Prague - "More flavor?" challenges Spicker over the tinny static of my Czech throwaway cell. I'm reduced to the orphan Oliver, begging for more. The reception falters for a moment, and then he is back, mid sentence. "…you mean my bagels or your story?"
"The story," I say.
"Well how about this…" he pauses and in the background I hear something unusual. What the hell is it? Of course, the ubiquitous clucking of poultry - then he interrupts, "those are my fucking chickens man! How's that for more flavor! I'm on my farm!"
A week earlier I'm sitting alone in the back of Bohemia Bagel Mala Strana. Under gabled ceilings, I take a seat beneath a series of antique print blocks. The room is elegant and comfortable. Much like a chic café on Third Avenue in Manhattan, something you'd find tucked away in the lower east side, only Glenn does anything to show off his four Bohemia Bagel locations.
Before walking to the back of the restaurant, Glenn greets and hugs a waitress. He tells a joke, or maybe she tells a joke, because they both laugh. Glenn has the build of a cyclist- tall and slender. His curly hair is cropped short and sweeps along deepest recesses of his temples and forehead. The matching handle bar mustache is less visible than the actual handlebars, and his piercing blue eyes stand out against his pasty skin.
Glenn Spicker is an American entrepreneur living in Prague. Most Czechs and expatriates know Glenn as the owner of Bohemia Bagel; a Prague restaurant chain named after the historic Kingdom of Bohemia, now the western two thirds of the traditional Czech lands. Regardless, Spicker's restaurant feels and tastes undeniably American. He figures that between 30-50 percent of his customers are Czech as opposed to tourists.
And in Bohemia Bagel, Mala Strana, the king himself sits across the table.
Spicker, 42, explains how he brought bagels to the Czech Republic in the early 1990s. His first business endeavor was a partnership stake in one of Prague's first American-inspired eateries, Red Hot & Blues, but all the while he kept thinking about how the bagel hadn't yet arrived in the Czech Republic and how he didn't want to miss the boat.
He has opened a handful of bars, a respected jazz club named after him, U Maleho Glena (Little Glen's), an antique shop and even a Museum of Communism.
Sean Strouss is Spicker's business partner. He is also an American, a product of the Silicon Valley .Com boom. Luckily, he dodged the bust.
"He has more energy than anyone I know and anyone that knows him will say that," says Strouss, when asked what made Spicker succeed when so many expatriates have packed up and left Prague after failed ventures. "His tenacity, he just doesn't give up on anything," says Strouss.
Spicker came to Prague in 1992 with the first wave of adventure-seeking Americans and Western Europeans.
"No, we weren't yuppies; we were more like outcasts and slackers and failed writers. That's how everyone saw us at least," he says.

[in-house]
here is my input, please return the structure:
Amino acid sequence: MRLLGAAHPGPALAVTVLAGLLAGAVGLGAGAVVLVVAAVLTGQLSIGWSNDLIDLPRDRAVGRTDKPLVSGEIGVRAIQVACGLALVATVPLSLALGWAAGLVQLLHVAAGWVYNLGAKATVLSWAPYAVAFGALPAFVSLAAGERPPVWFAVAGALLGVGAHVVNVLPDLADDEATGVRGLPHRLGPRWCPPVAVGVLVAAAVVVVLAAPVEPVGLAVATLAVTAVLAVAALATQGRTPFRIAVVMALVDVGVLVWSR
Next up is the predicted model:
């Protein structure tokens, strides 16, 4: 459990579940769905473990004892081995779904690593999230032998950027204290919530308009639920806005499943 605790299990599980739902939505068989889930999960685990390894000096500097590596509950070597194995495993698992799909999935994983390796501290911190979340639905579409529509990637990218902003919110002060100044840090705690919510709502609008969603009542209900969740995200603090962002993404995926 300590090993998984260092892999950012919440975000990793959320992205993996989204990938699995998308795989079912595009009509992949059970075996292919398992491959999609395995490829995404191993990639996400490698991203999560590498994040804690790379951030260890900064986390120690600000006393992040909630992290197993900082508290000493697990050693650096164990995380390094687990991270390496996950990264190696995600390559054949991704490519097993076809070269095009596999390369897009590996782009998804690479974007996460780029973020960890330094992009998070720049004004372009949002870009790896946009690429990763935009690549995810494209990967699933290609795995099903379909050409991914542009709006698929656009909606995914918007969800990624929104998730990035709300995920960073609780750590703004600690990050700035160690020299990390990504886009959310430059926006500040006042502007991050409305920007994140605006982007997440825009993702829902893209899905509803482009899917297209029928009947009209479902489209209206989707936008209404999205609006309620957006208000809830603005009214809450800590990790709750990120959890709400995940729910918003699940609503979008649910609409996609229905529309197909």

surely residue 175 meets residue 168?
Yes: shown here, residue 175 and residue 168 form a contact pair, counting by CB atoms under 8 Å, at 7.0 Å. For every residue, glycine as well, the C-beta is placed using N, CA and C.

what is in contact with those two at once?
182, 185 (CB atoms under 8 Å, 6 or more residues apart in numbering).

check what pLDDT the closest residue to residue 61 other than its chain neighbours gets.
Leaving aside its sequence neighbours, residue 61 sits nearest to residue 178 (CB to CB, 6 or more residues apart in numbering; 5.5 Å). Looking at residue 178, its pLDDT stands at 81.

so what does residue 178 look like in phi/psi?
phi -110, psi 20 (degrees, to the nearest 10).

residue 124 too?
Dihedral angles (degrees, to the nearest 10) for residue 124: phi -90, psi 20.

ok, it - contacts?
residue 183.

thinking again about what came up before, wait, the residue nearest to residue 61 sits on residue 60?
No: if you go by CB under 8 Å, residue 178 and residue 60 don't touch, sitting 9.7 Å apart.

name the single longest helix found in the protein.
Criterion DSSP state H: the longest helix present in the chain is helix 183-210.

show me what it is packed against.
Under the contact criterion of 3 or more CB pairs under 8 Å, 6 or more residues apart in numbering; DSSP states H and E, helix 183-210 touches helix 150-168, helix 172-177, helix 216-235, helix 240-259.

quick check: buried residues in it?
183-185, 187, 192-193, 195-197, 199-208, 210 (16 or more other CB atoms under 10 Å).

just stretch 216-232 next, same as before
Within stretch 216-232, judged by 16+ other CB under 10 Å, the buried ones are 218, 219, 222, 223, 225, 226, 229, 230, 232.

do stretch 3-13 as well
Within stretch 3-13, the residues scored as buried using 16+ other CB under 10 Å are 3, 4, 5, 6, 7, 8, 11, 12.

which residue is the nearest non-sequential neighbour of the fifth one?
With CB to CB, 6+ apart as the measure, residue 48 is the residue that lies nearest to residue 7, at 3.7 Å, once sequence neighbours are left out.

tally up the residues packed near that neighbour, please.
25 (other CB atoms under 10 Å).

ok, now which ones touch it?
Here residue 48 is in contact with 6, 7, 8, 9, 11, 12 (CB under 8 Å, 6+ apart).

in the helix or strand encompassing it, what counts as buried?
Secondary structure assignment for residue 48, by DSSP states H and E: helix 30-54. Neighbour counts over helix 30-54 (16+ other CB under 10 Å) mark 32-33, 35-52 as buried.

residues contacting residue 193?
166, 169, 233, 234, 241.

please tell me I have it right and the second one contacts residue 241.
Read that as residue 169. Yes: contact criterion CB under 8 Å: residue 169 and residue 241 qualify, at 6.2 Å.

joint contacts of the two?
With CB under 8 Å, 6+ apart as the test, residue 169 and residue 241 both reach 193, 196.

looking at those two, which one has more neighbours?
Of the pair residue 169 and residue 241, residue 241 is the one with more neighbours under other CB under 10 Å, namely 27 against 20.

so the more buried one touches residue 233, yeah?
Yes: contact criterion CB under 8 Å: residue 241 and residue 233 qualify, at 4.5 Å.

We're interrupted by lunch- a behemoth turkey club. As the waitress sets the massive, meat laden bagel-wich before us Spicker says, "Wow, this looks good. But that's because I'm here," he laughs. "So it got made properly and on time."
Restaurant service, or lack there of, is notorious in the Czech Republic. Glenn describes the culture barrier and the challenges of operating a Czech restaurant with American standards.
"Here is an ongoing battle; it's really difficult to get the food on the table, a proper meal, cooked the right way. Finding good service is a nightmare, but Marketa here," and he looks up at our waitress, "is the best. Isn't she the best?"
She smiles, playfully hits Spicker on the shoulder with a menu and strides back to the cash register.
But imagine this, how would you approach a 50-year-old Czech cook, who for three fifths of his life lived under the culinary monotony of communism- with no emphasis on service or customer satisfaction- and say, listen, I need you to put love into this sandwich. Ok?
"Because you gotta' put love into the food," exclaims Glenn as he gestures at the turkey club. "I say this to my cooks, I say what is the most ingredient? Eh, the ham?… they say. No! It's love. You have to care about the food you make, every sandwich, and every meal. That's what I care about and it's all I try to have them care about." He takes a breath. "But damn, it's hard."
Now, the first time I called Spicker begging for more, he was on his farm in the northernmost corner of the Czech Republic. It borders the foothills of Germany. Glenn calls the property, Northernmost.
So the second time I call Spicker for 'more flavor' there are no chickens. This time he is out bike riding in the Czech countryside, training for his upcoming vacation, a three-week bike tour through Chile. So I ask, "why the farm Glenn?"
It began as a retreat, an escape from the city and his business, but it didn't take long for that entrepreneurial itch to bloom.
And now he wants to turn Northernmost into a bio farm, selling organic products. But in reality he's got as far as whacking weeds and clearing out the barn. Back in Prague, he's dealing with the repercussions of over expansion and paying back loans. Strouss and Spicker may have to shut down one of the Bohemia Bagel locations. On top of the trials of self-employment, Prague's restaurant industry has become increasingly competitive since the days when international treats like bagels were hard to find.
Spicker continues on his bike ride, flying down some scenic decline at breakneck speeds, likely scoping out possible tracts of land for a wind farm or some new venture. Soon the king will return to Prague to reign over his culinary kingdom. His Northernmost expansion may have to wait.
Sam Greenfield is a third year metropolitan studies and journalism student at New York University. He is from Noank, Connecticut. A version of this article was originally written for the Travel Writing class at New York University in Prague.